MEET YOUR MEaT
This section is not aimed at converting you to vegetarianism and it does not represent
extremist views of the meat industry. What it aims to do is paint the real picture
of where your meat comes from; highlighting the impact it has on the environment
and the impact it has on the animals within the factory farming system. We hope
that after reading this section you consider reducing your meat intake and start
to make informed choices when it comes to ordering and purchasing meat.
Our increasing appetite for meat
People living in developed countries such as Australia eat roughly their own weight
in meat every year, consuming more than 80kg each, or about 224g a day, compared
with an average of 47g a day in developing countries.1
The meat industry has done a great job at spreading marketing messages that suggest
that eating red meat will make you smarter or that it is somehow un-Australian not
to eat it. They have made claims that indicate that the human brain has grown faster
than other animals because of our carnivorous habits, but if that were the case,
why aren't the super cats ruling the world?2
It is true that red meat contains important nutrients such as iron, zinc and amino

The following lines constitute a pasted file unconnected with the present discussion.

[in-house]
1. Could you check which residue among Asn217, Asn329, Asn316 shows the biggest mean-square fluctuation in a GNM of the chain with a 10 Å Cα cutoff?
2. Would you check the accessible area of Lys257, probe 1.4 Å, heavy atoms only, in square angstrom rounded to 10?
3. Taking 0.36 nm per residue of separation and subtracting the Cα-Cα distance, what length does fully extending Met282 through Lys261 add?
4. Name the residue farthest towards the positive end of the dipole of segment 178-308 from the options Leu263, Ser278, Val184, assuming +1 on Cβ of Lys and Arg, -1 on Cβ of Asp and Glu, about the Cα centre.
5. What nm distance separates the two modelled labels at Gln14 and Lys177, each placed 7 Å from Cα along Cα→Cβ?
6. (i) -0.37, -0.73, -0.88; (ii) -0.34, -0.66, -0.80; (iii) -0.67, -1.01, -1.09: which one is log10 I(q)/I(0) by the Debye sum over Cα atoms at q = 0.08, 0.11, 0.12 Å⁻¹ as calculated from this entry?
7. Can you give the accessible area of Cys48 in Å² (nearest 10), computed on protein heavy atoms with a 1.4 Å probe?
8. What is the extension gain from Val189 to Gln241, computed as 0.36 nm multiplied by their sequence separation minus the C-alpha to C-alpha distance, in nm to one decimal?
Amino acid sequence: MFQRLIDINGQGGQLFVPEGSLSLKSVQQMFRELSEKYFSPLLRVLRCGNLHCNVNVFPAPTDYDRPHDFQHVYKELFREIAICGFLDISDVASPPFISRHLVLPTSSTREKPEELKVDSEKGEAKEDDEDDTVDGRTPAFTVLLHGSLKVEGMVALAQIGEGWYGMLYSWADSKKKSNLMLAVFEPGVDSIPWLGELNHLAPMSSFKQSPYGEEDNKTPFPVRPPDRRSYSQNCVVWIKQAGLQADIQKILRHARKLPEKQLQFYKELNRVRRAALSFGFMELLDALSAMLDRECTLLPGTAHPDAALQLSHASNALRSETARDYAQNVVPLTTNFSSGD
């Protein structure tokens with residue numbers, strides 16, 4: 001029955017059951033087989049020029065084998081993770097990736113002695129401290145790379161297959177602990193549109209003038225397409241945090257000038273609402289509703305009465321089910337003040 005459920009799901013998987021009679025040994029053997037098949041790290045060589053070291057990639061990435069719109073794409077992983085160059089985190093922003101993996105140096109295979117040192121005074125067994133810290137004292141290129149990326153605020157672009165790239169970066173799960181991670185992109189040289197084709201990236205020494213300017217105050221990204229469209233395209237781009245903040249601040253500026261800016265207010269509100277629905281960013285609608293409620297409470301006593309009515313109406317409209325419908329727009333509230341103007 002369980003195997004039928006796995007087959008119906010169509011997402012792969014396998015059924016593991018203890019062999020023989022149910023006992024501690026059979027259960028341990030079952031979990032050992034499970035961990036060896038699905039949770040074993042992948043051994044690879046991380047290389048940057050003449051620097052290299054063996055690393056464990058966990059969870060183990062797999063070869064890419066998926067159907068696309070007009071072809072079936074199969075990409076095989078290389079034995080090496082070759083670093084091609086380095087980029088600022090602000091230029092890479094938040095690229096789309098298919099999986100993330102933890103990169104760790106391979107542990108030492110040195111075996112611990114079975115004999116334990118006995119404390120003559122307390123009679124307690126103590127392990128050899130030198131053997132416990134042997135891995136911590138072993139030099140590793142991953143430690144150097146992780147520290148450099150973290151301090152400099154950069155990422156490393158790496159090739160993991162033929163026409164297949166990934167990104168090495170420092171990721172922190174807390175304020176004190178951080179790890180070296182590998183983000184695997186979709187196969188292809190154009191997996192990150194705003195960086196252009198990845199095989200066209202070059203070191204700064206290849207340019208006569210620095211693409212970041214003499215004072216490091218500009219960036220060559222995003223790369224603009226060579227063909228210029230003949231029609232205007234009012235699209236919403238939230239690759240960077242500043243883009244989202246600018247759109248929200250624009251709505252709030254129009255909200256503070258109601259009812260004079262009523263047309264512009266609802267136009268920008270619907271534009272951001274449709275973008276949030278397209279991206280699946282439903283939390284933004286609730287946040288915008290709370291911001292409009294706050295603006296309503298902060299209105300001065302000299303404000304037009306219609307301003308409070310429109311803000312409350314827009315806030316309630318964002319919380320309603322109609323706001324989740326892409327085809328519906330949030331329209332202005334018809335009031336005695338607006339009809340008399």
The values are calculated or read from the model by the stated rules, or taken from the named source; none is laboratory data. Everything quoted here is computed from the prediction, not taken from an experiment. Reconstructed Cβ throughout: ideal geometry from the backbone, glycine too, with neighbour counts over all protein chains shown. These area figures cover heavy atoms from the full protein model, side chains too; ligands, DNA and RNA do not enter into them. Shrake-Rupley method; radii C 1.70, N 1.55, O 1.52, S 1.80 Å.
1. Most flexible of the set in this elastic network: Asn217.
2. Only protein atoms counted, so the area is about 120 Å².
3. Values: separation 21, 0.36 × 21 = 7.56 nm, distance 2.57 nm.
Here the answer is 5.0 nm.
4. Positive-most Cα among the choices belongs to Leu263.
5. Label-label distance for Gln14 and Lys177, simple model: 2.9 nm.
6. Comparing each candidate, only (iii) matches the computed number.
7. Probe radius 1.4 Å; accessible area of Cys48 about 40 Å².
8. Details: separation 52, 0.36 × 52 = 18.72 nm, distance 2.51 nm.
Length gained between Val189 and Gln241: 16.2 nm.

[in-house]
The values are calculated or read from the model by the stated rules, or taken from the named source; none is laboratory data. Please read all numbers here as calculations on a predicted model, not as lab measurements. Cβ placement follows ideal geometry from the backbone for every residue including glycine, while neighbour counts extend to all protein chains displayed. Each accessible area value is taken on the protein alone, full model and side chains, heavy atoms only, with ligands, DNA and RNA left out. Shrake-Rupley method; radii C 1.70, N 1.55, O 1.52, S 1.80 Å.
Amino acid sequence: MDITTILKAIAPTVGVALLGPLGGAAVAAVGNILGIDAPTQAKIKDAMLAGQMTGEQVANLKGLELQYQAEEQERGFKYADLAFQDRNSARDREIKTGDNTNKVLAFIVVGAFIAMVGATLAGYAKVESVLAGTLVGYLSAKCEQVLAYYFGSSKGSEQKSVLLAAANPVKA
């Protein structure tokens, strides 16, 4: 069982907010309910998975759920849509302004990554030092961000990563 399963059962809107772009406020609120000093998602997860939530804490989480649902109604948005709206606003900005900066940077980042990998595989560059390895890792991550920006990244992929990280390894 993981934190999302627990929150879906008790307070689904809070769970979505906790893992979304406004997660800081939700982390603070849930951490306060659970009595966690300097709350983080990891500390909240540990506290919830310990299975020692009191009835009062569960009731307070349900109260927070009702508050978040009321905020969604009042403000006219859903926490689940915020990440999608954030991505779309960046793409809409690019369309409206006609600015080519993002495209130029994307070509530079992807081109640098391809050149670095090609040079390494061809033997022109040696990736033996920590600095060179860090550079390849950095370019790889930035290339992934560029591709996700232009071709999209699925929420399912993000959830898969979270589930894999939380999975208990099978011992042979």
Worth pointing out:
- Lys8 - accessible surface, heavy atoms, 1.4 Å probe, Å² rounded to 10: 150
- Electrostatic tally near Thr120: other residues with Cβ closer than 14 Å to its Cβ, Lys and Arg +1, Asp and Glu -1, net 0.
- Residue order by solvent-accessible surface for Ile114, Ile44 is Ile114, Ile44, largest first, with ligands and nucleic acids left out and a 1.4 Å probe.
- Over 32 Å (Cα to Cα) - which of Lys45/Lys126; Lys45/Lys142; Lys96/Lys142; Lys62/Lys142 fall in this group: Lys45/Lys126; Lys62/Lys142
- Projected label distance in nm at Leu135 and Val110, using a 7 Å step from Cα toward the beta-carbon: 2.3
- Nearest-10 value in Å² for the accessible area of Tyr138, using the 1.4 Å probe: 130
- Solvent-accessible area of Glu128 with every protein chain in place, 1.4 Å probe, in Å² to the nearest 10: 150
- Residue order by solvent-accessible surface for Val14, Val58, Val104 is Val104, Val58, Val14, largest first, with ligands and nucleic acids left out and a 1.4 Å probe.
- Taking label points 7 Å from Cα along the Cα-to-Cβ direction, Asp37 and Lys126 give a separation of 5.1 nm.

acids, however, a plant-based diet is full of the same nutrients.
In Australia, from 1985 to 2008, beef production increased by around 65% and lamb
production by 44%.3
Chicken consumption has increased from 6kg per person in 1965 to an astonishing
37kg per person in 2010, which equates to 490 million chickens slaughtered each
year in Australia.4 That's 22 chickens per person per year!
The establishment of Kentucky Fried Chicken (KFC) in Australia, with its first store
opening in 1968, had a major impact on the consumption of chicken. In the 12 months
from 1970-1971 a total of 75 KFC stores opened and during the same period, total
Australian chicken production increased by 38%.5
Today, we eat more meat than ever. The factory-like approach to farming animals
has seen meat become more affordable and it is not unusual for people to eat meat
two or three times a day.
Our increasing appetite for meat is placing enormous pressure on the environment,
has been linked to health issues such as heart disease and often sees animals suffer
in unimaginable conditions.